- Uses Facebook, a most effective social media platform
- Government-commissioned and sponsored
- Visually appealing with its infographic posts
- Exists only on Facebook as of this writing
- Inconsistent schedule of posts
The product I’m going to be featuring tonight isn’t so much a product as a service, but you get the drift. It’s the latest of a line of things TDA promotes as in line with CSR values and principles, and physical product or not, they all get my praise and recommendation. But anyway, to business.
I believe it is the responsibility of a country’s government to promote, among others, its language and culture. Although the Komisyon ng Wikang Filipino (Commission on the Philippine Language), the Filipino, government-commissioned counterpart to Instituto Cervantes and Alliance Française, isn’t as known, it is at least doing its job with a certain project that promises to be the gamechanger in Filipino language today. That project is WIKApedia.
Introduced to me by my best friend, WIKApedia is an online community and service brought to us by the Official Gazette (GOVPH), the official publication of the Republic of the Philippines, under the Presidential Communications Development and Strategic Planning Office and in partnership with the KWP. A play on the terms “wika” (language) and Wikipedia, WIKApedia is a platform meant to gather enthusiasts and learners of the Filipino language and issue clarifications on proper usage of said language.
Started in September 2014, it is hosted, and is currently only, on Facebook as of now. This is a double-edged sword: Facebook is one of the most popular and widely-used social media networks in the world today (as of 2012, there were about 25 million Filipinos on Facebook – not counting the increasing figures within a span of 3 years, and foreigners who want to learn Filipino!). On the other hand, not having a Facebook account immediately bars you from participation in the community: You can browse through and learn from it, but you cannot ask or comment things until you sign up for your own Facebook account.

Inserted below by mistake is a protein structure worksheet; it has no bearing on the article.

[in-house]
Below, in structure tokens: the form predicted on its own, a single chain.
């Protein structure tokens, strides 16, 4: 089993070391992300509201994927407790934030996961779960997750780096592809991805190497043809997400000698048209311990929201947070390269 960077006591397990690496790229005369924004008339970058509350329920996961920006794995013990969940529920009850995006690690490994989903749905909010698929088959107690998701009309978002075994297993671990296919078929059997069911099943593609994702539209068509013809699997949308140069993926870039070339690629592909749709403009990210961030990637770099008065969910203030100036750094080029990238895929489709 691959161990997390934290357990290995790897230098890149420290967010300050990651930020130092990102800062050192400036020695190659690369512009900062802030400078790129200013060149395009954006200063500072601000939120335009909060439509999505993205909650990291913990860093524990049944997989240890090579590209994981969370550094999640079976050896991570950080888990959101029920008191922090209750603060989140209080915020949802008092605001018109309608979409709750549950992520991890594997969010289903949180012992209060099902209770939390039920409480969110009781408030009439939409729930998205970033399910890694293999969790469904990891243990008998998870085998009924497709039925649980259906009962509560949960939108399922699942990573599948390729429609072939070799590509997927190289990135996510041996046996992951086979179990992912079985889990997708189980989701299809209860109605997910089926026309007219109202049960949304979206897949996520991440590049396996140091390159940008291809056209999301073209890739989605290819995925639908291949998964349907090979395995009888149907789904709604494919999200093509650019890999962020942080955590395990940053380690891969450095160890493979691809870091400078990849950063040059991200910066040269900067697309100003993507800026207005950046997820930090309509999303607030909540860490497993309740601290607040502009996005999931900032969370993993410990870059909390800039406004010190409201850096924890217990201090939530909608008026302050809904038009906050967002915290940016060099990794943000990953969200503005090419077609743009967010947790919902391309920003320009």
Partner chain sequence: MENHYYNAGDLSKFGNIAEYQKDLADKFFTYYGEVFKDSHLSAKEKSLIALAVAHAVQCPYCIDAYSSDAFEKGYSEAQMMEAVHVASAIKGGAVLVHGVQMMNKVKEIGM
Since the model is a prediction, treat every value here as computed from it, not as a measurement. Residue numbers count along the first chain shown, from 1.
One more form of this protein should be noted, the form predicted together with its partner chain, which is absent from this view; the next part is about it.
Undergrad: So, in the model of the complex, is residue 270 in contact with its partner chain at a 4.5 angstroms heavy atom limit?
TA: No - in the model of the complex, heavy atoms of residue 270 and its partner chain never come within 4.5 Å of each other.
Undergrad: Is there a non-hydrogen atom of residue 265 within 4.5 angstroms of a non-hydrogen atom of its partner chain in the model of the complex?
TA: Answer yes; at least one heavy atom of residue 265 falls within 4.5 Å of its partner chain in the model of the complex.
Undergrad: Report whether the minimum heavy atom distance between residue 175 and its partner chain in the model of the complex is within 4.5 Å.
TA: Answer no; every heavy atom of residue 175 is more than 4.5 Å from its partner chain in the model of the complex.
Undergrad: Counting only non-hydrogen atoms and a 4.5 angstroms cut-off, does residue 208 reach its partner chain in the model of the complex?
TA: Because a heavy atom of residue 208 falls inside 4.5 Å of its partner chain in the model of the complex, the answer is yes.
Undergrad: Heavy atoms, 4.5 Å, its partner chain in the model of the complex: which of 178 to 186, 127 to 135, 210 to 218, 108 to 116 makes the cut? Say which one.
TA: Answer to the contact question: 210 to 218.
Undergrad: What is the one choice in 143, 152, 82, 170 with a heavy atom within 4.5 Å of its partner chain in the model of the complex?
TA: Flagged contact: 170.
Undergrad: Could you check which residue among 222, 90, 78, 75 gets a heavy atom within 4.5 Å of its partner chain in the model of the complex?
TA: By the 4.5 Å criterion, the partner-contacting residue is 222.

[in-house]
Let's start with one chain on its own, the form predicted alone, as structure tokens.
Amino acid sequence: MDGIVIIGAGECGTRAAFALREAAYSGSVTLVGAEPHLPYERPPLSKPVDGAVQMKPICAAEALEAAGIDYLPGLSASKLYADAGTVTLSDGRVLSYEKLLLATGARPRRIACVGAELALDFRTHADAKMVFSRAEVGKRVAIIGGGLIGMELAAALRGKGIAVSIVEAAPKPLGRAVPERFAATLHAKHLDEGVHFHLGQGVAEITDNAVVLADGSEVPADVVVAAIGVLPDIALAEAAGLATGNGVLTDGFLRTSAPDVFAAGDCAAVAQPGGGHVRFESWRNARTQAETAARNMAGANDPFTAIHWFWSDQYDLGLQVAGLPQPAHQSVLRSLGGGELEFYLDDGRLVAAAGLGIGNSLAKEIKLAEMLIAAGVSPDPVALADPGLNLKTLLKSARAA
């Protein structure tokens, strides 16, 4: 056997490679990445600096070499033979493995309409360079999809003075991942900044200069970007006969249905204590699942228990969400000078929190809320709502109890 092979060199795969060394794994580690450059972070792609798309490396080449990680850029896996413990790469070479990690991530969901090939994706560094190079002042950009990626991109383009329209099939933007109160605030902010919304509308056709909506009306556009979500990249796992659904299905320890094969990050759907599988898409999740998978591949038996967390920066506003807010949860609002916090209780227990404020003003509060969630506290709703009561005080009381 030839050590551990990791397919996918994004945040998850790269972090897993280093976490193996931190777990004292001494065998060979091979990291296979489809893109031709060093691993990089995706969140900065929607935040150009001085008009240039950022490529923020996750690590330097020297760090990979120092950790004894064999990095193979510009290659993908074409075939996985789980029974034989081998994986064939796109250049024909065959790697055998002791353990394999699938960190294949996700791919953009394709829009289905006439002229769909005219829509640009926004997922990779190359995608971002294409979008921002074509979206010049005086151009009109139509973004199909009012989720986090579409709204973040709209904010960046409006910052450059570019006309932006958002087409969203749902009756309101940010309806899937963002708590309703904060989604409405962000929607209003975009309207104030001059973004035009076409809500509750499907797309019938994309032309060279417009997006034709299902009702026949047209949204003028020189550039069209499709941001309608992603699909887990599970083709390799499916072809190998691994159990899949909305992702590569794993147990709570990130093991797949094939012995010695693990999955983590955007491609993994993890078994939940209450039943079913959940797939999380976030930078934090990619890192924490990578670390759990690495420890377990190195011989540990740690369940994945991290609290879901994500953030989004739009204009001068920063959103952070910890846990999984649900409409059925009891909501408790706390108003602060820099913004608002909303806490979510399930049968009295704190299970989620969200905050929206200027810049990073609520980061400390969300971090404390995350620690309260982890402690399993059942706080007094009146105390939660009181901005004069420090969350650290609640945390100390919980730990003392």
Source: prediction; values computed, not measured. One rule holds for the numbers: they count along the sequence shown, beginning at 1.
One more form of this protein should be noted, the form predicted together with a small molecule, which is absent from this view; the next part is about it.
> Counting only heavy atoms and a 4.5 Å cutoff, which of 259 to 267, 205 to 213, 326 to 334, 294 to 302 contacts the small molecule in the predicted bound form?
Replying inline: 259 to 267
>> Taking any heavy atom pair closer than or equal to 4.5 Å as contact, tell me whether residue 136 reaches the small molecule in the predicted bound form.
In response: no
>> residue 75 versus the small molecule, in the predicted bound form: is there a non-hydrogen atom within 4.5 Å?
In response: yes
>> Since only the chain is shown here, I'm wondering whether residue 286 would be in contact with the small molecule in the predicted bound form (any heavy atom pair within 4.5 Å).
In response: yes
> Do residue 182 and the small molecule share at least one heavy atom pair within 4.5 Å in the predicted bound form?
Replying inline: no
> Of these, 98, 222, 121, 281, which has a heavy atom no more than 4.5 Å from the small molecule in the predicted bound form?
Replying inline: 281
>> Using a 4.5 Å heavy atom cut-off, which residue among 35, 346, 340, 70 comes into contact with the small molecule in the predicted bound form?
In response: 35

The content itself is interesting to read. Besides short and to-the-point textual write-ups, most posts also come with colorful and attractive infographics, but without going over the edge. The following is one such example, on Filipino swardspeak, or so-called “gay lingo”.
Most of the content either features deeper and/or less used Filipino words, or clarifications on Filipino grammar. Sometimes, WIKApedia also shares these from other sources, providing for a thriving community indeed.
It updates regularly-irregularly; sometimes it doesn’t update in a few days, and sometimes it updates several times a day – but it does update. As someone trying to learn the ropes of professional blogging, and having attended a social media seminar in our foundation, I am learning the importance of content planning and scheduling, and perhaps this may be a point of improvement for the site, especially if it plans to expand to other channels. At the same time, however, I accept that the site may not necessarily be run as a professional blog and a little relaxation on scheduling rules could be granted. My own site is meant not to be run as a blog, but as a library; however, for the purposes of market attraction, sites like these may do need to be run more strictly.
A note: WIKApedia is not, strictly speaking, a place for those who want to begin learning the Filipino language. Rather, it is a community of Filipino speakers, enthusiasts, and learners who generate discussions and read on “tidbits” on the language’s vocabulary and grammar. However, given that it is a community, what’s stopping someone who wants to learn Filipino from going to the site and asking for instruction in the language?
WIKApedia may be found on Facebook at https://www.facebook.com/wikapediaph?fref=ts.